Although an individual can file for a Chapter 7 bankruptcy or a Chapter 13 bankruptcy, both types involve the same four steps, according to Money Crashers. These steps include providing a financial inventory, receiving credit counseling, attending a creditors' meeting and completing post-bankruptcy credit counseling. Most bankruptcy cases are handled through paperwork rather than court attendance.Continue Reading
Before filing for bankruptcy, a debtor creates a financial inventory that lists debts, income, expenses and property and other assets. Credit counseling must also be completed with a court-approved counselor. After filing, a creditors' meeting is held to discuss the exact terms of discharging or reorganizing the debt. When the terms are agreed to, the debtor must attend credit counseling again to prevent future bankruptcies, notes Money Crashers.
The type of bankruptcy being filed determines how the debt is handled. A Chapter 7 bankruptcy is also called a liquidation bankruptcy because it usually requires a debtor to liquidate assets to pay off some debt, according to FindLaw. Any remaining debt is discharged, or erased. Chapter 7 bankruptcy rules determine who can file for this type of bankruptcy, the type of debt that can be discharged and how to file, which can vary by state. A Chapter 13 bankruptcy is also called a reorganization bankruptcy, because it requires an individual to follow a structured repayment plan to pay off debts over time, notes FindLaw. This is typically within three to five years.Learn more about Debt Law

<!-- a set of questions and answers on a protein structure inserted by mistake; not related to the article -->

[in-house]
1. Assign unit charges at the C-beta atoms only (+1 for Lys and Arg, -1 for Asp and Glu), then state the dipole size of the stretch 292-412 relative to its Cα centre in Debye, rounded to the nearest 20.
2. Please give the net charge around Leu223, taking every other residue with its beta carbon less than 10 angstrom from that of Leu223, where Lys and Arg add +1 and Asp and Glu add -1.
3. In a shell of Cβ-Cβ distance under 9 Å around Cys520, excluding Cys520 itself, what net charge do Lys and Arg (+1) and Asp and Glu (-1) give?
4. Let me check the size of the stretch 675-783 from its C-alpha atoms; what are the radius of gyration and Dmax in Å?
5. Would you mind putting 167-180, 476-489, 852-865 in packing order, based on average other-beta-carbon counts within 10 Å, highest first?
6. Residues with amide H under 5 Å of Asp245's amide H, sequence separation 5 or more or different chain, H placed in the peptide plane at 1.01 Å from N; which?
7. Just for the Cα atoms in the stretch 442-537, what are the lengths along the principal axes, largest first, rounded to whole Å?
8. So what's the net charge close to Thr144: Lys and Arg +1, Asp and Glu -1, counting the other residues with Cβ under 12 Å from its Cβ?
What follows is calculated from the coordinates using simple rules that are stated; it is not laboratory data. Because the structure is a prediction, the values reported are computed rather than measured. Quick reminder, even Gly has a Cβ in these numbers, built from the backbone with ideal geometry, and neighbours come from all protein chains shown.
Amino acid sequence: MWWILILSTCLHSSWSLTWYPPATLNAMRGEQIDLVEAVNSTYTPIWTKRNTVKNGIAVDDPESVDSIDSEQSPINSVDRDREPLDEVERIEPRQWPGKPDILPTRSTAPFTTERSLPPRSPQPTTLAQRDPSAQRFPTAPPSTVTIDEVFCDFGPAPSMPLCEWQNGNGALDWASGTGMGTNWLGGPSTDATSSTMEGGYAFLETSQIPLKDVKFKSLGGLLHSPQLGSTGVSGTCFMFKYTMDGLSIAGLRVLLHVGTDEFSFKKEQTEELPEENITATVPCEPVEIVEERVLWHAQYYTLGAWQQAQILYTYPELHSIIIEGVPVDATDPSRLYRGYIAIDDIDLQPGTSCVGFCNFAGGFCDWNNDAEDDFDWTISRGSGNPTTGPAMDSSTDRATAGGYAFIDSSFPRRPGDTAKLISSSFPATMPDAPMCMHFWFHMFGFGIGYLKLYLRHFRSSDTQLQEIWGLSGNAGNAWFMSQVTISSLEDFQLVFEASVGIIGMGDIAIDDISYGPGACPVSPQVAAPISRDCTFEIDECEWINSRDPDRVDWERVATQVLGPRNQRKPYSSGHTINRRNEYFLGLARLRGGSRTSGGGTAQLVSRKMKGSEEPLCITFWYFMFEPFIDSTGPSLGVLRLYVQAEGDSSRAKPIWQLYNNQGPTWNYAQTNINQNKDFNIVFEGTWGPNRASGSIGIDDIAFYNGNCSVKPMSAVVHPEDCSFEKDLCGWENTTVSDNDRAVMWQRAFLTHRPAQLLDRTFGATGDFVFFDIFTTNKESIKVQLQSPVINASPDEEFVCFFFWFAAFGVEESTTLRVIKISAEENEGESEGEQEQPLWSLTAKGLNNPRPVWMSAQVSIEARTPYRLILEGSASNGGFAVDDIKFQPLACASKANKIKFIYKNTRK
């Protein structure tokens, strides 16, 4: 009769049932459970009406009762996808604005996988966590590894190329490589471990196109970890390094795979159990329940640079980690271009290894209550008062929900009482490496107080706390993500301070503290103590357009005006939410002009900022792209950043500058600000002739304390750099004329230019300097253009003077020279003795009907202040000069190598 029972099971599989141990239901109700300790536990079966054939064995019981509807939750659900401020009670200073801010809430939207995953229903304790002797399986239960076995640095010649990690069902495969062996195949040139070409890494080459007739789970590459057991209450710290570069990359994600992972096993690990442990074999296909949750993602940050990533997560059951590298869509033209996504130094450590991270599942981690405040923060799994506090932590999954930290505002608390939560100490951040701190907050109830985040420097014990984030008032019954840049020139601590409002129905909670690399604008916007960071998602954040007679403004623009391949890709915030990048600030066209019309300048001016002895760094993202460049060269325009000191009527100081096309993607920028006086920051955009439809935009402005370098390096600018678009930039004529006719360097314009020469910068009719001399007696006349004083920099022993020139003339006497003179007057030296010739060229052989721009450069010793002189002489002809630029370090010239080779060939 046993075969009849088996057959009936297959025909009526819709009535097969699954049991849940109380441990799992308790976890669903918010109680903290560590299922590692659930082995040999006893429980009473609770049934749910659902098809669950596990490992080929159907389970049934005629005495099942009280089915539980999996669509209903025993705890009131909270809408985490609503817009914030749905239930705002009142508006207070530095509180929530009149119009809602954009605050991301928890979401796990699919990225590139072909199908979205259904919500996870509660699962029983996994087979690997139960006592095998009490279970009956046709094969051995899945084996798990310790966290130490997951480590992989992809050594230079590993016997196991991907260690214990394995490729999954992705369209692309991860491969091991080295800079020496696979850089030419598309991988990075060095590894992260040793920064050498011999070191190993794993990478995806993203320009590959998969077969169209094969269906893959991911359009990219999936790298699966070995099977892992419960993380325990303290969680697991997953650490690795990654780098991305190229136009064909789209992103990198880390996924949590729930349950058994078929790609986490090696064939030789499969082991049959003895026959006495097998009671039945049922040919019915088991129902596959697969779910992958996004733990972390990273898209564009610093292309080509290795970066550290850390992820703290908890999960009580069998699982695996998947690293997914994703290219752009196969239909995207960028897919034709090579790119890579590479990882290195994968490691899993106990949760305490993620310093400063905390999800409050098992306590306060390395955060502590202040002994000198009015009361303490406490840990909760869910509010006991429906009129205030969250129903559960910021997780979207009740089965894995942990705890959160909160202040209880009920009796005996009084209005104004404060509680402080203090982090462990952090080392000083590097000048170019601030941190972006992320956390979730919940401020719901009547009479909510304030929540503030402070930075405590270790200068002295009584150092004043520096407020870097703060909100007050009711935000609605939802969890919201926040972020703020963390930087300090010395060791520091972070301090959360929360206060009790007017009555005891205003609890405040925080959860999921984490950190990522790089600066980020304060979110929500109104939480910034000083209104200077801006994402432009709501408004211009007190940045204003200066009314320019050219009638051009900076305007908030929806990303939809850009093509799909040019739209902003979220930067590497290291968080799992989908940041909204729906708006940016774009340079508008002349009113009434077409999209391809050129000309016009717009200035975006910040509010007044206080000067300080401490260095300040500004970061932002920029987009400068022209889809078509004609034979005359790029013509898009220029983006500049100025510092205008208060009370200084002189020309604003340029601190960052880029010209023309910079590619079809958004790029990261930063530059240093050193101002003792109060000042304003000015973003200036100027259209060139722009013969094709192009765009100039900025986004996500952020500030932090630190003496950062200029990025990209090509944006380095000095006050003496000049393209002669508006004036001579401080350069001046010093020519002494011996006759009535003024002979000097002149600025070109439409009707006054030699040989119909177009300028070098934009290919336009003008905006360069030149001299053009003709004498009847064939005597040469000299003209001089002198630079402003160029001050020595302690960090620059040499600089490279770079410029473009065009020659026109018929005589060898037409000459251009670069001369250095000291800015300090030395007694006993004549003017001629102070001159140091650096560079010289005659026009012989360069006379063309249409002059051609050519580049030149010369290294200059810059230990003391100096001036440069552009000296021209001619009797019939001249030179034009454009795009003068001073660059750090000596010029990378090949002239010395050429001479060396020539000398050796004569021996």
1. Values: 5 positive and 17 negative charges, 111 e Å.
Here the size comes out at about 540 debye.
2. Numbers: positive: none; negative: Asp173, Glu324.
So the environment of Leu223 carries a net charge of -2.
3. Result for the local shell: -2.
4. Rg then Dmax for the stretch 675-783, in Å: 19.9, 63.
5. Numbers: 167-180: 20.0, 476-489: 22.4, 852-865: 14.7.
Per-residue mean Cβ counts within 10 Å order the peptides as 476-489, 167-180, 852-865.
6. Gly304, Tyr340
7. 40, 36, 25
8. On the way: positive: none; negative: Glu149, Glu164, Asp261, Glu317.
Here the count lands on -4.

The court usually grants a discharge in a Chapter 7 bankruptcy four to six months after the petitioner first files the case with the clerk, states Nolo. The time varies according to individual case circumstances and by local jurisdiction processing times.Full Answer >
Filing for Chapter 13 bankruptcy allows property owners to keep their homes, unlike filing for Chapter 7 bankruptcy where the owner forfeits all non-exempt assets, notes HowStuffWorks. However, some states exempt houses from assets that must be liquidated under Chapter 7 bankruptcy.Full Answer >
People may file for Chapter 7 bankruptcy eight years after filing a prior Chapter 7 case or six years after filing a prior Chapter 12 or 13 case, according to Lawyers.com. Chapter 7 bankruptcy is generally used by low-income debtors who have little or no assets.Full Answer >
What happens after the court has issued a judgement against an individual depends on whether the individual pays it or not. If he pays the amount in full, the case is settled, and no further action can be taken against him.Full Answer >